Junkyard Find: 1968 Ford LTD Sedan

Murilee Martin
by Murilee Martin
Full-sized Detroit sedans from the 1960s, cool as they are, don’t get much interest from those willing and able to take on project cars. With so many millions of these big boxy four-doors made — they were the default mode of transportation for most Americans back then, remember — plenty still sit in barns and fields and driveways a half-century later, and they continue to show up in self-service wrecking yards.Here’s my latest find: a fairly solid 1968 Ford LTD sedan, in a Denver yard.
I see plenty of Impalas and Furies and Delmont 88s in these yards, of course, but it seems that the members of the full-sized Ford and Mercury family make up the largest group of 1960s cars I see during my wrecking-yard explorations.
My grandparents drove a ’68 LTD hardtop coupe, complete with 390 engine, until the much-feared Minnesota Rust Monster consumed it at about age 8, so I have a certain affection for these cars.
The first car I remember riding in was my dad’s 1967 Ford Custom 500 two-door sedan, which was the plush LTD’s more affordable sibling. That car had a 289 and three-on-the-floor manual transmission, and it rusted to oblivion by about 1972.
This big Ford has the meaty 390-cubic-inch V8 (that’s about 6.4 liters to you freedom-hating metric system zealots), rated at 265 horsepower and enough torque to move this 3,596-pound car smartly enough. Yes, this car weighs less than a new Taurus. Hundreds of pounds less.
Four doors, smoker’s-vent windows, and a bench seat — that’s what most cars on North American roads had in the late 1960s. In non-rusty parts of the continent, you’d see full-sized Fords of this era doing daily-driver duty well into the 1990s. Front suspension components were a bit more prone to fail than those in their GM counterparts, but repairs were cheap and easy.
Three-on-the-tree manual transmissions were standard on the lesser big 1968 Fords, though nearly everyone got the automatic. In the LTD, the three-speed slushbox was standard equipment, but you could get a four-on-the-floor if you wanted (and if any of you ever sees a ’68 LTD with factory four-speed, let us know).
There’s a bit of rust in the usual spots, but not enough to make restoration very difficult… if anyone wanted to spend $15,000 to make a $4,000 LTD sedan.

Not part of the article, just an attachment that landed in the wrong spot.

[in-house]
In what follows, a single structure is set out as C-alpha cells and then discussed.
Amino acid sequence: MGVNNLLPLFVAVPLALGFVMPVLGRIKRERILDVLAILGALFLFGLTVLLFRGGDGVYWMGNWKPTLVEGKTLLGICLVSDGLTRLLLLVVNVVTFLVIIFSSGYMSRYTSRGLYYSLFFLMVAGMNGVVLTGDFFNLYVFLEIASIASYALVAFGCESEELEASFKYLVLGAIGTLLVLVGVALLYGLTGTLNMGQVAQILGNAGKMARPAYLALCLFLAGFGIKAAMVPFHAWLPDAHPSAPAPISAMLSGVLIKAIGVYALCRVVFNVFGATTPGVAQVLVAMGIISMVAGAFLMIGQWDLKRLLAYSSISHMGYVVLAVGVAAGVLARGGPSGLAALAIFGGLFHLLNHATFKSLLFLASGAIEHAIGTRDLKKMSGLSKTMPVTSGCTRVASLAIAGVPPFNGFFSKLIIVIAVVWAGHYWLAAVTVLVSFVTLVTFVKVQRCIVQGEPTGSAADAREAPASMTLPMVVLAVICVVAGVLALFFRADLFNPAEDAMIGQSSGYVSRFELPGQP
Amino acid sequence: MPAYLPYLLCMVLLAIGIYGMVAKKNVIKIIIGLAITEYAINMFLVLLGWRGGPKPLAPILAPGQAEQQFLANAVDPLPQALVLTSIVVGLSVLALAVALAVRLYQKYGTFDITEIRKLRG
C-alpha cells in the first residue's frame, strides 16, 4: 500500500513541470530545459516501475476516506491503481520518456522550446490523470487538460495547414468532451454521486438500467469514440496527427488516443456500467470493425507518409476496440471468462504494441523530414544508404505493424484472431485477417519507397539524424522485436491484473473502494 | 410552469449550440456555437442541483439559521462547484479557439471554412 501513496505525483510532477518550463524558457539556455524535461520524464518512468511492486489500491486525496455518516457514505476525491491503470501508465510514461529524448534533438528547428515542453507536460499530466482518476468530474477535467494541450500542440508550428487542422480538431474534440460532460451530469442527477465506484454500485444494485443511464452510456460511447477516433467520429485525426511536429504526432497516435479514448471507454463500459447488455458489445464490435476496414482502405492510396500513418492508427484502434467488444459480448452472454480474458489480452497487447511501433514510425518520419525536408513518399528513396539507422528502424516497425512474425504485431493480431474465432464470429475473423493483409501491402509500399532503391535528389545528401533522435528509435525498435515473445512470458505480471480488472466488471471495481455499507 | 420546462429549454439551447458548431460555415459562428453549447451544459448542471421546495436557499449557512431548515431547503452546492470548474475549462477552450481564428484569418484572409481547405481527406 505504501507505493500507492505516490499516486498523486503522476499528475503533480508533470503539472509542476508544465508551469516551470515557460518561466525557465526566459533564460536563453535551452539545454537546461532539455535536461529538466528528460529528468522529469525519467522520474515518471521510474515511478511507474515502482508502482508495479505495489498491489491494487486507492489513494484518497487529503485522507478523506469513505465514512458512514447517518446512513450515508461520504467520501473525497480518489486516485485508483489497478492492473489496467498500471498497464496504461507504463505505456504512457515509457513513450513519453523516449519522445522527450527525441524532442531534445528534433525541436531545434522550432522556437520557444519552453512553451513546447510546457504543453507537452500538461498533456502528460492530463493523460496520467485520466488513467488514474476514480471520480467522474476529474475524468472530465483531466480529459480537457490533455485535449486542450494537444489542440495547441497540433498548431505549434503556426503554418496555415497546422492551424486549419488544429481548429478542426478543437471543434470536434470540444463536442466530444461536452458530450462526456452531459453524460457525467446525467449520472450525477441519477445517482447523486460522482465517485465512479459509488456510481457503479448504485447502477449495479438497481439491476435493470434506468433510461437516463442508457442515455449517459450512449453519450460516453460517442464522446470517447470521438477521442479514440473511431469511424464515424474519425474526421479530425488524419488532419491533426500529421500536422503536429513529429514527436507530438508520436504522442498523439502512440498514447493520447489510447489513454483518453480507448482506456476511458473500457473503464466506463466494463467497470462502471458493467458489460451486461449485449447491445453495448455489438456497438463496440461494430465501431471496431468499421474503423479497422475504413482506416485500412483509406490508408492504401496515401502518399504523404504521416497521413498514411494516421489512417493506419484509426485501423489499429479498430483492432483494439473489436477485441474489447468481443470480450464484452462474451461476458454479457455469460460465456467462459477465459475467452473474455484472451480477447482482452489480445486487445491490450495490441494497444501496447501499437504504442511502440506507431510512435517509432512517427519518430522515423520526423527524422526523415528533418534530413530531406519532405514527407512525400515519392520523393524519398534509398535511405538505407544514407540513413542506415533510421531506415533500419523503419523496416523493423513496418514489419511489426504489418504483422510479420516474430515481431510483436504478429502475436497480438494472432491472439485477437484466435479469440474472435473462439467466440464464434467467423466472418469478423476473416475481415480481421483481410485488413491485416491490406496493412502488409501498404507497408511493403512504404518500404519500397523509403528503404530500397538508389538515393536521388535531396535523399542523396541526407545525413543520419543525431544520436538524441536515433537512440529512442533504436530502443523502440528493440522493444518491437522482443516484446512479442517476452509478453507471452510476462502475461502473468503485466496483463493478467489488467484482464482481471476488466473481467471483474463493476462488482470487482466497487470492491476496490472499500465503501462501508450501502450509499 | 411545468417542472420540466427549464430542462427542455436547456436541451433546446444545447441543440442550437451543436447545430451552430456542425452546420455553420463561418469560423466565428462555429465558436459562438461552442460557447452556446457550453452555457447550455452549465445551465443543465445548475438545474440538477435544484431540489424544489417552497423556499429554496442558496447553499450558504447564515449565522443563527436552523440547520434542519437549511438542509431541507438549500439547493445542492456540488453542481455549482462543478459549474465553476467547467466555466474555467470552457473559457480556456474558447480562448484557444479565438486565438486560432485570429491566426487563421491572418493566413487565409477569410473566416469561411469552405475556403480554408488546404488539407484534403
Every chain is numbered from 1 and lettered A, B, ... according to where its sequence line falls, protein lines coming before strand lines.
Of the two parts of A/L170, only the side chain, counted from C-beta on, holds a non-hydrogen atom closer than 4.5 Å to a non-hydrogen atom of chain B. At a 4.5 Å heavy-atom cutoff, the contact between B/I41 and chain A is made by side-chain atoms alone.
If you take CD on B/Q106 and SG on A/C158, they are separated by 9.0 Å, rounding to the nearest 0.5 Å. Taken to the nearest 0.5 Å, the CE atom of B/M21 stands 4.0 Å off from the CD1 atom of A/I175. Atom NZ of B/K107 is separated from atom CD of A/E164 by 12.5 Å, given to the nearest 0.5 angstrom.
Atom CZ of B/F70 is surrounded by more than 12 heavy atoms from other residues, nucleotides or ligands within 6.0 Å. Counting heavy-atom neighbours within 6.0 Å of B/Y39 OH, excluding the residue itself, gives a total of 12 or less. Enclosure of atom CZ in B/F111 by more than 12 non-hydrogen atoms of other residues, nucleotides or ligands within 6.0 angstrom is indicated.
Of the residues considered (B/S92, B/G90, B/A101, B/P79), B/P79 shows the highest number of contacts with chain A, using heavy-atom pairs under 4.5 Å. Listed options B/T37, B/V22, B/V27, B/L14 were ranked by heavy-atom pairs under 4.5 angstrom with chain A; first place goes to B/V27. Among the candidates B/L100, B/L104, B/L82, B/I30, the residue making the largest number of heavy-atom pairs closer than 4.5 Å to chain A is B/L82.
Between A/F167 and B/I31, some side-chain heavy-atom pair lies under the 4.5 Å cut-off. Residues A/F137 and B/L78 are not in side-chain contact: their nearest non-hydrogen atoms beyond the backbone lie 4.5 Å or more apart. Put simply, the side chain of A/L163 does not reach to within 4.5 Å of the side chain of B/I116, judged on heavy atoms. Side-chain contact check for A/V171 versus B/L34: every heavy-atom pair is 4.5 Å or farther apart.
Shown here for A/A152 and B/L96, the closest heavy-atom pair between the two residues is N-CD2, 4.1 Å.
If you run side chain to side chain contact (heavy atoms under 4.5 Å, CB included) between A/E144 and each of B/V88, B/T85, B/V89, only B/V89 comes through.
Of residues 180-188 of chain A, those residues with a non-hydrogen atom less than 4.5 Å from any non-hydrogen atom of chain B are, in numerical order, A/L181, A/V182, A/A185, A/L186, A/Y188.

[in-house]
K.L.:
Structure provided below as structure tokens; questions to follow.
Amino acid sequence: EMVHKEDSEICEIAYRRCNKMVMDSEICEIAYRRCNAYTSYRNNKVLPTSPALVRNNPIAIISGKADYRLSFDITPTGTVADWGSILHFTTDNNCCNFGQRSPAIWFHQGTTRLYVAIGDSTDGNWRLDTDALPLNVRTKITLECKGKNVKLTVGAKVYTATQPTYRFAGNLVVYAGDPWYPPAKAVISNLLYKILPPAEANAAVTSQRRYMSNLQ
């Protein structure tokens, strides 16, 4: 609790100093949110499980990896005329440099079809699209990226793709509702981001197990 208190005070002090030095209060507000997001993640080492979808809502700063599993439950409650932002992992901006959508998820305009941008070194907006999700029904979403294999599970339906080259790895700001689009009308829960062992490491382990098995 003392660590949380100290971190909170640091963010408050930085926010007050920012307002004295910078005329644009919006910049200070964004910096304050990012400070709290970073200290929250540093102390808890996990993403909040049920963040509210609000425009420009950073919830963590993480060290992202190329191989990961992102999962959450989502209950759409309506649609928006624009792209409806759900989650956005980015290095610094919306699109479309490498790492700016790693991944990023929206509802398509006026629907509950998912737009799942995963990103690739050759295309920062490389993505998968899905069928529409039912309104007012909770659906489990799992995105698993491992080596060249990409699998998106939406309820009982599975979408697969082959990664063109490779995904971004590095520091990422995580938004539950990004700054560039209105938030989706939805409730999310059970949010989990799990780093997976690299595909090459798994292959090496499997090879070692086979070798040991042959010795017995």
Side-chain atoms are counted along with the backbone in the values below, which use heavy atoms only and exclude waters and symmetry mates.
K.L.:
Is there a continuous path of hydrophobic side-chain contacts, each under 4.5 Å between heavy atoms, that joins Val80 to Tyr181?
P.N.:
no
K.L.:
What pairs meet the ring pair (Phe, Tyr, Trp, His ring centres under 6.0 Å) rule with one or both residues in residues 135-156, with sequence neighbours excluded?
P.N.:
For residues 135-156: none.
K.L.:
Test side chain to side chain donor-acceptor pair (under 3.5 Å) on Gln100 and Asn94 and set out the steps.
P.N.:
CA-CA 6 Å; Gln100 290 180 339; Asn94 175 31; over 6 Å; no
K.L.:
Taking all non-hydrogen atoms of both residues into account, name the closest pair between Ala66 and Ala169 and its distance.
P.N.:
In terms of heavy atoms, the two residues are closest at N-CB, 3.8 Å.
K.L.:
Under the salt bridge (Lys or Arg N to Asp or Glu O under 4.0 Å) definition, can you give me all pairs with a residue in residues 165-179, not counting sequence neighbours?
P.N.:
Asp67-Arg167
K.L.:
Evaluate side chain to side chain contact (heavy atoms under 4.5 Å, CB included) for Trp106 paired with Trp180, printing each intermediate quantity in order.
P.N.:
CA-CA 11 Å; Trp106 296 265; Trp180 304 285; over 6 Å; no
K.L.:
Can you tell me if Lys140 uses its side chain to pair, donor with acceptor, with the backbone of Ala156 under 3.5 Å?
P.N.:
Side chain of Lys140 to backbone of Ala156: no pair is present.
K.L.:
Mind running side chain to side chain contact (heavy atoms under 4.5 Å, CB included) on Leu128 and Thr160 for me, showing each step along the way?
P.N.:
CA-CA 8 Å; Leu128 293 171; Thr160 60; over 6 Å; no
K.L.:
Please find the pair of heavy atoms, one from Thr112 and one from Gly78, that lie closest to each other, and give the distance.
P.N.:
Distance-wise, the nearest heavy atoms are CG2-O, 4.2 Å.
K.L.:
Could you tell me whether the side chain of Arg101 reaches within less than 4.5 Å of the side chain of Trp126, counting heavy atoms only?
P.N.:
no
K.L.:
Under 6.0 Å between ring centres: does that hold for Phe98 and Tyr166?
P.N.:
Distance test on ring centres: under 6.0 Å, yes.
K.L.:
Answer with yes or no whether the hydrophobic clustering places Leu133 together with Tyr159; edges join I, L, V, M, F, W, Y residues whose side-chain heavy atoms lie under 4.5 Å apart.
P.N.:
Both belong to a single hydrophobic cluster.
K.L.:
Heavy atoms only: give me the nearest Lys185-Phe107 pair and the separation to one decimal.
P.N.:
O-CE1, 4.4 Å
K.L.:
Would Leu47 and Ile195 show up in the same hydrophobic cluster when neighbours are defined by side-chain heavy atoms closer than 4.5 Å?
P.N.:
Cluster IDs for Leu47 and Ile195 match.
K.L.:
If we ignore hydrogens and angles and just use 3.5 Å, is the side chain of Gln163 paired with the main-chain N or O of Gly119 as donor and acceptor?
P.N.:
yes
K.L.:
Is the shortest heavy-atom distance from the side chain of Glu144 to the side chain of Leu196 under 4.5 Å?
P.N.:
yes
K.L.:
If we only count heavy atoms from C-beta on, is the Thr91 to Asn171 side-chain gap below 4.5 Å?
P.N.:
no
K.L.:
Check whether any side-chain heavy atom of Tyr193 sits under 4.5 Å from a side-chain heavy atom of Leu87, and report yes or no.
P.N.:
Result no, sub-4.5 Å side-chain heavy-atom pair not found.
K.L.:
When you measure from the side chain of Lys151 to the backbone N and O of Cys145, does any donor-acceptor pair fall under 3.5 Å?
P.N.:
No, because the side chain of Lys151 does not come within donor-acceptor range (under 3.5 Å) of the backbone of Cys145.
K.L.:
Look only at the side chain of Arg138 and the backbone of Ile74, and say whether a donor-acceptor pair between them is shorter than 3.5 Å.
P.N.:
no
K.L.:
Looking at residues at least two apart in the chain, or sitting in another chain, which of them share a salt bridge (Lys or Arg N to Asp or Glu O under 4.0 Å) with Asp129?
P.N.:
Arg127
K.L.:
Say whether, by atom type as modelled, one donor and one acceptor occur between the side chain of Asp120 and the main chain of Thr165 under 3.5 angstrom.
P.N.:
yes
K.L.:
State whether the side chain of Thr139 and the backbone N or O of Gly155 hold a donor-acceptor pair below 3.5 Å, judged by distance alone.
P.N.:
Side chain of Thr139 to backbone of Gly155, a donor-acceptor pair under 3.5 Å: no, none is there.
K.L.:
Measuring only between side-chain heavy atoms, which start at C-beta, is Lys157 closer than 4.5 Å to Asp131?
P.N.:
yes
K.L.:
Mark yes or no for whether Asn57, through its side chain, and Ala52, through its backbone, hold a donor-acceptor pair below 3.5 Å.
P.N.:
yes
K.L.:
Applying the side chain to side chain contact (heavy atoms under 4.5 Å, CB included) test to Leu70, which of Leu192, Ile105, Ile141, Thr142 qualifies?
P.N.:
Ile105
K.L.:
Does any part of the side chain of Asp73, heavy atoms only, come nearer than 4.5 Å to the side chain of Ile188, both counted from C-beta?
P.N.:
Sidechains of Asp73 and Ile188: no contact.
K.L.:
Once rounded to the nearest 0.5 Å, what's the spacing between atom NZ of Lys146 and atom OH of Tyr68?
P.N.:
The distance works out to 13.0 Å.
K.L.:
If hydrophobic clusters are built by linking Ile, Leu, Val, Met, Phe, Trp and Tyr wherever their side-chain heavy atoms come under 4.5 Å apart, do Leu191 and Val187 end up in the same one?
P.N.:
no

Due to a strike, ’68 Fords were in short supply for a while.
Murilee Martin
Murilee Martin

Murilee Martin is the pen name of Phil Greden, a writer who has lived in Minnesota, California, Georgia and (now) Colorado. He has toiled at copywriting, technical writing, junkmail writing, fiction writing and now automotive writing. He has owned many terrible vehicles and some good ones. He spends a great deal of time in self-service junkyards. These days, he writes for publications including Autoweek, Autoblog, Hagerty, The Truth About Cars and Capital One.

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  • Old fart Old fart on Aug 14, 2018

    I had one when I was twenty, it was very comfortable, quiet , and really went thru the snow , but at 70,000 miles it sheared it's oil pump shaft and took out the mains . I didn't have a lot of money so I scrapped it . (That was the series that had bad metal in the frame also and it was starting to have frame rot over the rear wheels - Ford had a selective recall on it if you were savvy )

  • Scout_Number_4 Scout_Number_4 on Aug 15, 2018

    Thank you for this one, Murilee--and especially for adding the photos of your family and that 67 500. My folks had 67 Galaxy Wagon (the strangely mis-named "Country Sedan") with this same engine and lots of other similarities. I learned to drive in that yacht, drove it through high school. Dad used it (again) as his DD until the early 90s. I keep waiting/hoping for a JYF on one of these someday, but for now will just continue to be delighted to see any FoMoCo iron from the 60s in these pages.

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